Analyzing the Edgar Nominations

Or to put it mildly, let the debates begin….

First off, I believe this is the first time in a very long time – perhaps ever – that six nominees have been listed for Best Novel. And if you go by personal taste, it’s almost like the committee plugged a USB cable into my brain and said “let’s pick a whole bunch of Sarah’s favorites and make sure everyone else reads them too.” Not quite that bald, of course, but I am thrilled that Steinhauer, Pickard, Bayard and Mina made the cut, while Joanne Harris and Jason Goodwin are worthy choices, too. If there’s a trend, it’s toward intelligent fiction from outside our normal boundaries, be it historical, cultural or psychological. And I’d have a hell of a hard time picking the winner – Bayard has the Poe factor, Pickard is a beloved mystery author who *really* took a step forward with this standalone, Mina and Steinhauer rightfully have gained followings for their series, and Joanne Harris wrote a cracking mystery that was entertaining as all get out. Goodwin’s debut novel (he’s British, so it’s eligible in this category) was promising but is probably the weakest of the six.

But if Best Novel is Tough, try picking amongst the Best First Novel nominees. Every book on here has something to offer and the promise of a major career, with a good mix of mystery, thriller and psychological suspense. Okay, maybe Berenson’s book is the one I’d give the longest odds to but that’s only because there are some more glaring problems (that are probably going to get solved in his next book.) Really, all of them win in my book.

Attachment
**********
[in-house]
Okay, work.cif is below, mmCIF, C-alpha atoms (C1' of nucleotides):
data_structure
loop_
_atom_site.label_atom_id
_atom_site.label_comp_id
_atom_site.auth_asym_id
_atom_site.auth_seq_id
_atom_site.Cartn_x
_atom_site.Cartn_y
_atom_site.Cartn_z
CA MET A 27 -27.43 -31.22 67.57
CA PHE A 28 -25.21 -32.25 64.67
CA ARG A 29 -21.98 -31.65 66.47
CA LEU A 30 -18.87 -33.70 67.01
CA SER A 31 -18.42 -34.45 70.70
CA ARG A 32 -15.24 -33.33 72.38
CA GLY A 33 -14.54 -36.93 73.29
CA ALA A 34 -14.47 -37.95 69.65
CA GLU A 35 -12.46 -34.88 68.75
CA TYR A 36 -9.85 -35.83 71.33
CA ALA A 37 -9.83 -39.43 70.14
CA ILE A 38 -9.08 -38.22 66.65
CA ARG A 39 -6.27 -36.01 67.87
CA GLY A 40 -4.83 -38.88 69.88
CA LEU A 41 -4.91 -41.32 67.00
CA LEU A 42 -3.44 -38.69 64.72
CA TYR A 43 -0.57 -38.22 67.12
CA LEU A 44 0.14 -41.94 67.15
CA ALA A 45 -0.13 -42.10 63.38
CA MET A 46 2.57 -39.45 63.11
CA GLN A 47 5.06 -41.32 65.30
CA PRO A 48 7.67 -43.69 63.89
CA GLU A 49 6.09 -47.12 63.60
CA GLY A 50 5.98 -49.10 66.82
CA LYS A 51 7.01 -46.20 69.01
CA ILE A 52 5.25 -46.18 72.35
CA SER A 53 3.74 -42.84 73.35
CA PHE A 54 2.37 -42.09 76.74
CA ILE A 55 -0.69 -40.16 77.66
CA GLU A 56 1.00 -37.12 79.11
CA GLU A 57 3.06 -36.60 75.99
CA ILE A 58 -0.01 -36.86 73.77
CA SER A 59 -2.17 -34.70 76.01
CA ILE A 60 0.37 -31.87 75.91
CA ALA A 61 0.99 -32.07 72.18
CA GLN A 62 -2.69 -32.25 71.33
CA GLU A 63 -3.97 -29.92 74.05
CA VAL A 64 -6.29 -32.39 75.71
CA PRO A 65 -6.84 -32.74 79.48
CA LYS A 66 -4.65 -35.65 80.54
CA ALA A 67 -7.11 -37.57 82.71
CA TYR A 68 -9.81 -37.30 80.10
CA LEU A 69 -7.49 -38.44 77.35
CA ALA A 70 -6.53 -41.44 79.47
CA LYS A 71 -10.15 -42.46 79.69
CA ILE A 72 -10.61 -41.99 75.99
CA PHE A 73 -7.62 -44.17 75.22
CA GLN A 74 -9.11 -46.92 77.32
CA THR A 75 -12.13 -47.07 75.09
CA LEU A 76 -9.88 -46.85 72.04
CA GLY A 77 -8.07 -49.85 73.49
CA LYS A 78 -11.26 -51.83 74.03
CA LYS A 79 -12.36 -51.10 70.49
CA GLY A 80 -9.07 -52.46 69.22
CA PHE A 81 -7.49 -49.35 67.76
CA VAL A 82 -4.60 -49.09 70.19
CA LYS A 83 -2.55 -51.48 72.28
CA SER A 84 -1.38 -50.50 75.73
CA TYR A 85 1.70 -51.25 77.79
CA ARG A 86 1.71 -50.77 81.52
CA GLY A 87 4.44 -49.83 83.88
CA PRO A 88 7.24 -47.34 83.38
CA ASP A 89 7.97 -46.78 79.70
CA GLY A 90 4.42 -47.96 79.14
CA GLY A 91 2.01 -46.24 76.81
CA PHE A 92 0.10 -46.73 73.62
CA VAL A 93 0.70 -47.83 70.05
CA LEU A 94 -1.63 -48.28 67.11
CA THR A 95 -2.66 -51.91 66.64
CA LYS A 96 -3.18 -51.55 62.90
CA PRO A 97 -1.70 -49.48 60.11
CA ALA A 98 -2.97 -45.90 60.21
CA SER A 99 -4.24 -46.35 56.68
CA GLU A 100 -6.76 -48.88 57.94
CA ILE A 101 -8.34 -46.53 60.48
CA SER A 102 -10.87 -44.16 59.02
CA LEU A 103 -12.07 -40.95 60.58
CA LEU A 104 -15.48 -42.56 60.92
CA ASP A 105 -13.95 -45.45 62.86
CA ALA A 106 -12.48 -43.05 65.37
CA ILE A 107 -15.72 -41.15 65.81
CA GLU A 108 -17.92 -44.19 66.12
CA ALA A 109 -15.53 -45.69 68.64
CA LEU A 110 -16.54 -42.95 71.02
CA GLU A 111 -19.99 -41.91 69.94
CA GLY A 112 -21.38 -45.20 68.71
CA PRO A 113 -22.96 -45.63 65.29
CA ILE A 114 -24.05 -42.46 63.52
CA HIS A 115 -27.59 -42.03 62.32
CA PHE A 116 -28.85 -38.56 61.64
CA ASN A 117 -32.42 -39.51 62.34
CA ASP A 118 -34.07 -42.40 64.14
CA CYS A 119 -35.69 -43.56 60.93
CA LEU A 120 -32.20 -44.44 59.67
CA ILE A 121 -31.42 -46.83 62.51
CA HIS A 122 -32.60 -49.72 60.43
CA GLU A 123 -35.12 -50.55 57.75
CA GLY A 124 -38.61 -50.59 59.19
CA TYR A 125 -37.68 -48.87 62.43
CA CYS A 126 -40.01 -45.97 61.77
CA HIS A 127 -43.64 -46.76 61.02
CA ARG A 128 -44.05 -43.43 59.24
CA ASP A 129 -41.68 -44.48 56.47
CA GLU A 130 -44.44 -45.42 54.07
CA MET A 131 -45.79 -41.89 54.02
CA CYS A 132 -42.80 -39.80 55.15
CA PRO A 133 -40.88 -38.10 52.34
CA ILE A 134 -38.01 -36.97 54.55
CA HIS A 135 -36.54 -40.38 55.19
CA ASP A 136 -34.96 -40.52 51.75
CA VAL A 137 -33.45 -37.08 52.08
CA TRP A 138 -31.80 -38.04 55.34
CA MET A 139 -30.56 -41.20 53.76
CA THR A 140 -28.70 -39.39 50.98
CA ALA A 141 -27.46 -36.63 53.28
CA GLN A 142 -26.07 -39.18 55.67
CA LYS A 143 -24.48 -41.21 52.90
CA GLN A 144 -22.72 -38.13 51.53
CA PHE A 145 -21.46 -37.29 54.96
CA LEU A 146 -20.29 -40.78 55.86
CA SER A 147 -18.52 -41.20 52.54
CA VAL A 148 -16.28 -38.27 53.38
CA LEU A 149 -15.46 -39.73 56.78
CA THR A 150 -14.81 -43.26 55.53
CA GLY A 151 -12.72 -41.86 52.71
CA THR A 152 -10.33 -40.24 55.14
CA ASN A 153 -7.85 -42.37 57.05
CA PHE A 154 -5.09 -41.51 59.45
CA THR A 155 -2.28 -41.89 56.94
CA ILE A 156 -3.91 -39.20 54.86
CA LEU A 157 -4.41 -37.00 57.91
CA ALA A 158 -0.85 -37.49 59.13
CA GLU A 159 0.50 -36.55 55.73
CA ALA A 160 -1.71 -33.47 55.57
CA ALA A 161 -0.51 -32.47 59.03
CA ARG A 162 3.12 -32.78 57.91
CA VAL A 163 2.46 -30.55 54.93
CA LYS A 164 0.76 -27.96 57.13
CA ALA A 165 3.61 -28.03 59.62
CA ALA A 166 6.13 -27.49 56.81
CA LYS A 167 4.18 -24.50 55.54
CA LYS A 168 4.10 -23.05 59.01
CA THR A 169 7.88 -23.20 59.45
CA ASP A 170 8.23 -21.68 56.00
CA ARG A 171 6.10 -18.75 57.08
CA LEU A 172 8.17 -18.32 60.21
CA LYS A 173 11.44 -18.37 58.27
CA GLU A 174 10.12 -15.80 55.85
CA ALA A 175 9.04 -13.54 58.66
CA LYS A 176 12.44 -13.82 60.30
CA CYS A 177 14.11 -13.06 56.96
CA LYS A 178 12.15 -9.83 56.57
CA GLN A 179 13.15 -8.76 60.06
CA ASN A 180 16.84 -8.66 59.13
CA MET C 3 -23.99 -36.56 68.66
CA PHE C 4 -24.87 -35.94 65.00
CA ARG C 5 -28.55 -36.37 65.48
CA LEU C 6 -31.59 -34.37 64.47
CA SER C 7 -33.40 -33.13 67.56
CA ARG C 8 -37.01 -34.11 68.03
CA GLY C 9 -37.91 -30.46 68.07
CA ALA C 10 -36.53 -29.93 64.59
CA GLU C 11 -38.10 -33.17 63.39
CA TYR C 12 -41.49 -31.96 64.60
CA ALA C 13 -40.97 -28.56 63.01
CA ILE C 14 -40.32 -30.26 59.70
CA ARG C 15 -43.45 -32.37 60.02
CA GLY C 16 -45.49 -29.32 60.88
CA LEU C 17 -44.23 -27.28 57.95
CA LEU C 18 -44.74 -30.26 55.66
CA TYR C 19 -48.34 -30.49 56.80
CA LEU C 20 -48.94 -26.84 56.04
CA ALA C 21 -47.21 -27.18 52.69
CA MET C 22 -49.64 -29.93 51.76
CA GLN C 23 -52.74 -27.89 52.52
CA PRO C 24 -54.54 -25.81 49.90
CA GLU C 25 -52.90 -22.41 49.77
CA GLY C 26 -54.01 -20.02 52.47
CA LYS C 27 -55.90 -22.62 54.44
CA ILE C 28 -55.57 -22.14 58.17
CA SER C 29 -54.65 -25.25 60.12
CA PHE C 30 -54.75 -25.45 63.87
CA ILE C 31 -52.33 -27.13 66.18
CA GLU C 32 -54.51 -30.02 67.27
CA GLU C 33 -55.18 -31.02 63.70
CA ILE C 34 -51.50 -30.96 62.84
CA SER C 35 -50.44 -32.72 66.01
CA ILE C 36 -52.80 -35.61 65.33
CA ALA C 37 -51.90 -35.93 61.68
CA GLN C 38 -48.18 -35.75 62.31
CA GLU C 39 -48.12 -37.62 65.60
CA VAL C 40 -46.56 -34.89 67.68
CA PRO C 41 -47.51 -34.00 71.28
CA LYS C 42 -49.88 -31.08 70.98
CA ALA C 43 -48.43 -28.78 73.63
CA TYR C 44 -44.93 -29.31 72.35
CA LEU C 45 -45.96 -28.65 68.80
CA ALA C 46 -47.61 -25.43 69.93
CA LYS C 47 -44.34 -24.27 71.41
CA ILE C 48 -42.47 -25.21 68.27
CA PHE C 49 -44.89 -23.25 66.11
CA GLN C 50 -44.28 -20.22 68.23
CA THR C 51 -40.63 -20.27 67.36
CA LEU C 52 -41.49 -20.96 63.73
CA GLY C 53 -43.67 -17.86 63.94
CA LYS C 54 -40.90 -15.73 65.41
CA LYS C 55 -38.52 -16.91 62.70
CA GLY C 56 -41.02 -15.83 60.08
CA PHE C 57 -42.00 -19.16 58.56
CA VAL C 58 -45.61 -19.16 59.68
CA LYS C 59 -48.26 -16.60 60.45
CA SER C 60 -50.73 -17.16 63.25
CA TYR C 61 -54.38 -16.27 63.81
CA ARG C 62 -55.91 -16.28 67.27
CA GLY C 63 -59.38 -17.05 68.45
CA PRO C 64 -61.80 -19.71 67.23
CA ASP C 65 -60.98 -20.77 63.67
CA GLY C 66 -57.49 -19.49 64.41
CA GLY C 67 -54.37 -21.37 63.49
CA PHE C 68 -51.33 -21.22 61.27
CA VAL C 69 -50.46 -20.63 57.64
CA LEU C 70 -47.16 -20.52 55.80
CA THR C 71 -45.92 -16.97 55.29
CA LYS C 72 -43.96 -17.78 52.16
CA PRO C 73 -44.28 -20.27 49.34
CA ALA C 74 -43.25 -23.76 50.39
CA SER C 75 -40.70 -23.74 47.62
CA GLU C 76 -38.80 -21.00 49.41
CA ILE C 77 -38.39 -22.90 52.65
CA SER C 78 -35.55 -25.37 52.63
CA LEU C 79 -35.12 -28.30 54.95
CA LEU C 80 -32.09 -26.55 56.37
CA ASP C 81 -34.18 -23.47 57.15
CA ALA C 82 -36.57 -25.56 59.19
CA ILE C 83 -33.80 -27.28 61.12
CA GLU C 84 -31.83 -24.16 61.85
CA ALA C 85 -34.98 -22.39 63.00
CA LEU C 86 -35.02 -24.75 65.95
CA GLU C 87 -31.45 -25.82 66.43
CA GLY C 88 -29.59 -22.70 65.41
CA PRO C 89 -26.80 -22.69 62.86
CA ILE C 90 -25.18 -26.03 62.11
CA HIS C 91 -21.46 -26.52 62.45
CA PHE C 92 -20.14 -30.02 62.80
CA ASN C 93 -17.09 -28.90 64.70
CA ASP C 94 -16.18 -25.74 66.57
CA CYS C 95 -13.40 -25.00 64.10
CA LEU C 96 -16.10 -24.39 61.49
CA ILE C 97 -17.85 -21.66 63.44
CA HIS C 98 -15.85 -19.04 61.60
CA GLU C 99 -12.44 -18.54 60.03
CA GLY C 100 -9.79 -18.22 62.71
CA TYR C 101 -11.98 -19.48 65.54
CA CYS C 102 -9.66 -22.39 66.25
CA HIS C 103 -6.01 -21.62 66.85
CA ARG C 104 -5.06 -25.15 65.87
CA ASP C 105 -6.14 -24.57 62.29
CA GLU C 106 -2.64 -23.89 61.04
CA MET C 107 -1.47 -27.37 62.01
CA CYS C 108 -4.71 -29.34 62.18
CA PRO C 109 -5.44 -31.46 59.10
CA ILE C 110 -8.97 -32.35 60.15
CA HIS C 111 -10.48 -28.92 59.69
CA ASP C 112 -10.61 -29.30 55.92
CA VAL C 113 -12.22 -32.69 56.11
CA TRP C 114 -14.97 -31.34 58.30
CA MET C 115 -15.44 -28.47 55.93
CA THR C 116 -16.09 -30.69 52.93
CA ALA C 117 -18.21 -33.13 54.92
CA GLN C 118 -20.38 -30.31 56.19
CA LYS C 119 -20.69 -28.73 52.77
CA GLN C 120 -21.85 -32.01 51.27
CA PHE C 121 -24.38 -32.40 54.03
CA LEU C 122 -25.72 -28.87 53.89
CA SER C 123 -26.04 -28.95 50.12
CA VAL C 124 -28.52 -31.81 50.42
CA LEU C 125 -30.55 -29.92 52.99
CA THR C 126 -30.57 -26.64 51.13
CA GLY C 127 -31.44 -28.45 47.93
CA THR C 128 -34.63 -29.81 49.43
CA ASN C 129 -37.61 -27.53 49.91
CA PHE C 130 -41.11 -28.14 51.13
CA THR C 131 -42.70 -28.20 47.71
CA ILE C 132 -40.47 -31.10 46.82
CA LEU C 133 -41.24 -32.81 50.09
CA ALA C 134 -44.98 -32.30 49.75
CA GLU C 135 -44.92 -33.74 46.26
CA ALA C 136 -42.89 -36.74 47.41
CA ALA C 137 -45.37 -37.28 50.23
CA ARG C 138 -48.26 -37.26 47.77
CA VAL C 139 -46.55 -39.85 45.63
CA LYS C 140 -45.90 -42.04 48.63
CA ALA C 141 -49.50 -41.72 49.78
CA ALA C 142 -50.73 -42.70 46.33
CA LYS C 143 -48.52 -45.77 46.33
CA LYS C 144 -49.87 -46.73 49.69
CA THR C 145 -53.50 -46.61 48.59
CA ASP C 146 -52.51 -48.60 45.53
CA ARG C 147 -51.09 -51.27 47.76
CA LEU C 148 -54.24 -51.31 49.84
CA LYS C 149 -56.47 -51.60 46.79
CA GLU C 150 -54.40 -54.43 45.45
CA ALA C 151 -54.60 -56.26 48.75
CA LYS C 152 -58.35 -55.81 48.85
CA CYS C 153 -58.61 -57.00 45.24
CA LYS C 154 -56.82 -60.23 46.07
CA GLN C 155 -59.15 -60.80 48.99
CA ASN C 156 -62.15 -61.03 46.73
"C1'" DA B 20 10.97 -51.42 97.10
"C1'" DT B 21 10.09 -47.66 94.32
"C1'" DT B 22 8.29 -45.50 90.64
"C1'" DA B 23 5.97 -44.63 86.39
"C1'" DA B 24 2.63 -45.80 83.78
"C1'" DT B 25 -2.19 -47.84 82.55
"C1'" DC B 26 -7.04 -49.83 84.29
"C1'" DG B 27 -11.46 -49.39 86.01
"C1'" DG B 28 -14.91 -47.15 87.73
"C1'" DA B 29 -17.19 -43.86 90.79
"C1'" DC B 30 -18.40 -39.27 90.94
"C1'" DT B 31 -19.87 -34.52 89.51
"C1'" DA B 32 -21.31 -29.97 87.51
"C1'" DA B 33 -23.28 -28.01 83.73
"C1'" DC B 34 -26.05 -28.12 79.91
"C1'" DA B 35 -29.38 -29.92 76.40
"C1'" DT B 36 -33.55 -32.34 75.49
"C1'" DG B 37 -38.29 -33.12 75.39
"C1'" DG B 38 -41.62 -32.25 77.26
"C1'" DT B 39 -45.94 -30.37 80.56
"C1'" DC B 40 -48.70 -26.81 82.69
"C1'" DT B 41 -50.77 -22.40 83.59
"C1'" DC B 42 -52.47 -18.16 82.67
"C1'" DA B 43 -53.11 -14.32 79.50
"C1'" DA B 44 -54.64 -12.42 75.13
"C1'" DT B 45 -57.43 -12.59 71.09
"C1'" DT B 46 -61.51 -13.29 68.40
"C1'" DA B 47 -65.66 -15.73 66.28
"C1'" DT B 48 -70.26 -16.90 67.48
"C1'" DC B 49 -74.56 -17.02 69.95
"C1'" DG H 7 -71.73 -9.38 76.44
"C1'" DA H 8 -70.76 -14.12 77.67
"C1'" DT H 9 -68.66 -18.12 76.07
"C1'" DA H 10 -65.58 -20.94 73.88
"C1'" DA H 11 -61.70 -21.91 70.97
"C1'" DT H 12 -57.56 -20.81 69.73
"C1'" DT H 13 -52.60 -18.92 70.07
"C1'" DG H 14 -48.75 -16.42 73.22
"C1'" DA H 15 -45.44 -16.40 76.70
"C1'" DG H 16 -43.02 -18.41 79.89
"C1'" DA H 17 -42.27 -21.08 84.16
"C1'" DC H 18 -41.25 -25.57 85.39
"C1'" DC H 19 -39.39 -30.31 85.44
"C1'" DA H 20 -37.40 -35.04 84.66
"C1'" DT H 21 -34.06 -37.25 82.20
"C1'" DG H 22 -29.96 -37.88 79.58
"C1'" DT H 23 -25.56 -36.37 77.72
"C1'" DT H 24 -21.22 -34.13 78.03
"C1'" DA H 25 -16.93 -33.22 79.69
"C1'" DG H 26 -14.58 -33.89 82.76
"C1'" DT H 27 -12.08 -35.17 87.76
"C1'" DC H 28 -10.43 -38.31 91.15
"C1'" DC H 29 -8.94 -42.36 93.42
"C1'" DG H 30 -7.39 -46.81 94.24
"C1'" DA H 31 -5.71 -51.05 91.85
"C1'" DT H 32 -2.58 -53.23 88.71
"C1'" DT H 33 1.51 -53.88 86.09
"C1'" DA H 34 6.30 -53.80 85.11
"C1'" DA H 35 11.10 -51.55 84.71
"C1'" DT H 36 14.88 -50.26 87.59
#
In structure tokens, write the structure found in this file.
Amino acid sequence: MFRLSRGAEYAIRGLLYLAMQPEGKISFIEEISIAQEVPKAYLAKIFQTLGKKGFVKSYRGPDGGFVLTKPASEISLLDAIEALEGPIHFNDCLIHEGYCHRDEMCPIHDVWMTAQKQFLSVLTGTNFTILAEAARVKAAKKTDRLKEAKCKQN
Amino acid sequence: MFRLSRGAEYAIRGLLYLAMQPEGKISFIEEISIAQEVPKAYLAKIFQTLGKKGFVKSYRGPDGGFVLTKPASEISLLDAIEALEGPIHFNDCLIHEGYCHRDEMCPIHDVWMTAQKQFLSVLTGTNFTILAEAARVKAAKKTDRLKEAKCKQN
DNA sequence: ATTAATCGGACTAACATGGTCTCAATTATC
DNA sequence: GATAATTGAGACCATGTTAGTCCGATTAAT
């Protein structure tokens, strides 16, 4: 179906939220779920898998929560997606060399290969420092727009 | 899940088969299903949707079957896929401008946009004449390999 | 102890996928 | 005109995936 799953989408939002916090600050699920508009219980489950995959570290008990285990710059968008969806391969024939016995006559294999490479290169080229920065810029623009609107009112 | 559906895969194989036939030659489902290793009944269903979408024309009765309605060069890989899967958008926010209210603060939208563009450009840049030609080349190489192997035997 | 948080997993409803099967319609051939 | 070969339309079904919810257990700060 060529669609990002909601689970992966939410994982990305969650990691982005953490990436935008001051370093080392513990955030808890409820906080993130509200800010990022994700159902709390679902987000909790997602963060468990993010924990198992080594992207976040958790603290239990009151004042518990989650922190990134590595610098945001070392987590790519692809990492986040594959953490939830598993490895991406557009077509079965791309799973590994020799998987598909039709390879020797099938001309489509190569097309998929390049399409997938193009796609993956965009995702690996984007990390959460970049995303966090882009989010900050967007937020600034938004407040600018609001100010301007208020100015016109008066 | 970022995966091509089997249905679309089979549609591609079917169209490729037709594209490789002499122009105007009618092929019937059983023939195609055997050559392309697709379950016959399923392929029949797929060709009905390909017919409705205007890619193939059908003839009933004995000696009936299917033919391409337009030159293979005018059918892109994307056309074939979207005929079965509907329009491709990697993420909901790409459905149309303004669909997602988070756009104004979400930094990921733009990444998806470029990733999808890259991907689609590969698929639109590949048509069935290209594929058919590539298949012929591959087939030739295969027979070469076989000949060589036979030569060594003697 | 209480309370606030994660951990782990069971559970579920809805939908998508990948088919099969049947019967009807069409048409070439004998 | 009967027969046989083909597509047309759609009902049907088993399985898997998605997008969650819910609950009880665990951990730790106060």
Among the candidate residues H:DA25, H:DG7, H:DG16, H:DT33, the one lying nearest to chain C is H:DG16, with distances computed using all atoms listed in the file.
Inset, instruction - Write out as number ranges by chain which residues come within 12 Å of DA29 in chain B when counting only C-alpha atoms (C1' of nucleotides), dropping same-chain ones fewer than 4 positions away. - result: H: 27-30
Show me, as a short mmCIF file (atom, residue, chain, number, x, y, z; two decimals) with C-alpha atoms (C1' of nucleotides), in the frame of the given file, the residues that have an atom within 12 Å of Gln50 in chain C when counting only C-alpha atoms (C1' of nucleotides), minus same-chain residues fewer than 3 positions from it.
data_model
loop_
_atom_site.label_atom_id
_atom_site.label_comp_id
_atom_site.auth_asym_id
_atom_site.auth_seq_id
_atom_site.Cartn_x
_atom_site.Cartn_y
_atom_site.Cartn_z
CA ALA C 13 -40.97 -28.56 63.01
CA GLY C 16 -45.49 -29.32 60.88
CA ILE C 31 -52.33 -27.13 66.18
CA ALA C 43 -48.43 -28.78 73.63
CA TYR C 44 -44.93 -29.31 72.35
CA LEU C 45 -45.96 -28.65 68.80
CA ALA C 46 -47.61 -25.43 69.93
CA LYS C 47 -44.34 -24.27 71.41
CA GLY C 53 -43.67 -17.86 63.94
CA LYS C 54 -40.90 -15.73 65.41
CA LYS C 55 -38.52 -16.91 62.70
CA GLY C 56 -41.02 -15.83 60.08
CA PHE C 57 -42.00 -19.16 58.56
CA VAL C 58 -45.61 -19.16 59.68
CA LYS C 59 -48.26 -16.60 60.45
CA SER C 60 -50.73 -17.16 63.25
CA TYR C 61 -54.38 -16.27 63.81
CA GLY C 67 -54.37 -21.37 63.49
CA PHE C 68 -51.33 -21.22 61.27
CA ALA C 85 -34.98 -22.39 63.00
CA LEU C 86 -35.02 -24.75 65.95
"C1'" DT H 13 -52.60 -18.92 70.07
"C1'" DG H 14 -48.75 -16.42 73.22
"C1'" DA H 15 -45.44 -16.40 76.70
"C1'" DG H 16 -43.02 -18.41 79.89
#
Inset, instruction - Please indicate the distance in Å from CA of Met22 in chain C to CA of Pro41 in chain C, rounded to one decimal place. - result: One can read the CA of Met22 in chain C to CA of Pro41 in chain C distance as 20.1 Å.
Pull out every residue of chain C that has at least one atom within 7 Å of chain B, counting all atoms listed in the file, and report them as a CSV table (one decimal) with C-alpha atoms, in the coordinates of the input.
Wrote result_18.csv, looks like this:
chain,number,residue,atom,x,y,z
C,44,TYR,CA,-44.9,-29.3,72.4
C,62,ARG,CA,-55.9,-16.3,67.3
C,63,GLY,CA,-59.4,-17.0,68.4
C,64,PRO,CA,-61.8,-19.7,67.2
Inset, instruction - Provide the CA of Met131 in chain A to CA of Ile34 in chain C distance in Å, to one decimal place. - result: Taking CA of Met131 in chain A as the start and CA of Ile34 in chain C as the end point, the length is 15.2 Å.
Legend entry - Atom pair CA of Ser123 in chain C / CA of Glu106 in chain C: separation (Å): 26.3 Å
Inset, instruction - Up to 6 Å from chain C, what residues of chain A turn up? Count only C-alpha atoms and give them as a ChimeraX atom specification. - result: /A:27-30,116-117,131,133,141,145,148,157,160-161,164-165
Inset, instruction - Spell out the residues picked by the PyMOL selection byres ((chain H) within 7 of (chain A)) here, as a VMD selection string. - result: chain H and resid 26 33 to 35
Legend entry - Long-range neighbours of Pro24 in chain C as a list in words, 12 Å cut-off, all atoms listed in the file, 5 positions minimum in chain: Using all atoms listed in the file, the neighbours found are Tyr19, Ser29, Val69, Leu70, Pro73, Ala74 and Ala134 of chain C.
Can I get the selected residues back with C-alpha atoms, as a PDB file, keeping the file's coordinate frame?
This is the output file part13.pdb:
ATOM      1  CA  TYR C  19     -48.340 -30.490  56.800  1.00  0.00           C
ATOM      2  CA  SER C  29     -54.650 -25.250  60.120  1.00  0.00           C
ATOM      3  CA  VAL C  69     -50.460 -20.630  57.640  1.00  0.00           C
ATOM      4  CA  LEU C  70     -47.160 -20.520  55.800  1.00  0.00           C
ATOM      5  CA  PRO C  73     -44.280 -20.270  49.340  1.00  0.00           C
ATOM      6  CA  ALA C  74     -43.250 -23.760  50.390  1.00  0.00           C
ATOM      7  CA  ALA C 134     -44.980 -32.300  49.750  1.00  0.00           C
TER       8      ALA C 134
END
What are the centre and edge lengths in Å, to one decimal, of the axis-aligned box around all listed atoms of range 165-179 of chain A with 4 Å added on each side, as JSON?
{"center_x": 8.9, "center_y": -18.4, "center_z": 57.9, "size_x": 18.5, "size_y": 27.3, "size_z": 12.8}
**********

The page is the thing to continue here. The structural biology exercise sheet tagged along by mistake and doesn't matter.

Others may quibble with some of the Best Paperback Original group (um, where is Sean Doolittle? How is he not on this list? I do not understand), but I do like the chosen five a lot for combining really good mysteries with more crossover, literary-type books. I mean, Coffee House Press gets a nomination! How frigging cool is that? And I may have been the only person who thought Carlotto was a shoo-in, but I’m glad he got it for THE GOODBYE KISS (a better book than DEATH’S DARK ABYSS, also out last year.) Paul Levine’s books are steadily building a strong audience, and DEEP BLUE ALIBI is the best of the Solomon/Lord series so far. Patrick Neate is an interesting choice, because CITY OF TINY LIGHTS, while a PI novel, isn’t exactly traditional at all.

As for Best Short Story, it’s very much a Mystery with a Capital M kind of list, with many perennial favorites. And extra kudos to Bill Crider, whose story appeared in DAMN NEAR DEAD but also grew out of one he wrote for the second blog short story project a couple of years ago. So that’s as close to recognizing the merits of online fiction, which is a stretch, but I’m taking it.

For Best Fact Crime…holy crap. That is one crazy fantastic list. Terri Jentz? Sebastien Junger? Kate Flora? Daniel Stashower? James Swanson?! A book about Ripperology?!?! Yeah, you try choosing amongst this incredibly select crowd….I am totally digging the Best Screenplay Nominees…Now I have even more YA novels to catch up on…and congrats to Austin freelancer William Dylan Powell for taking home the Robert L. Fish Prize.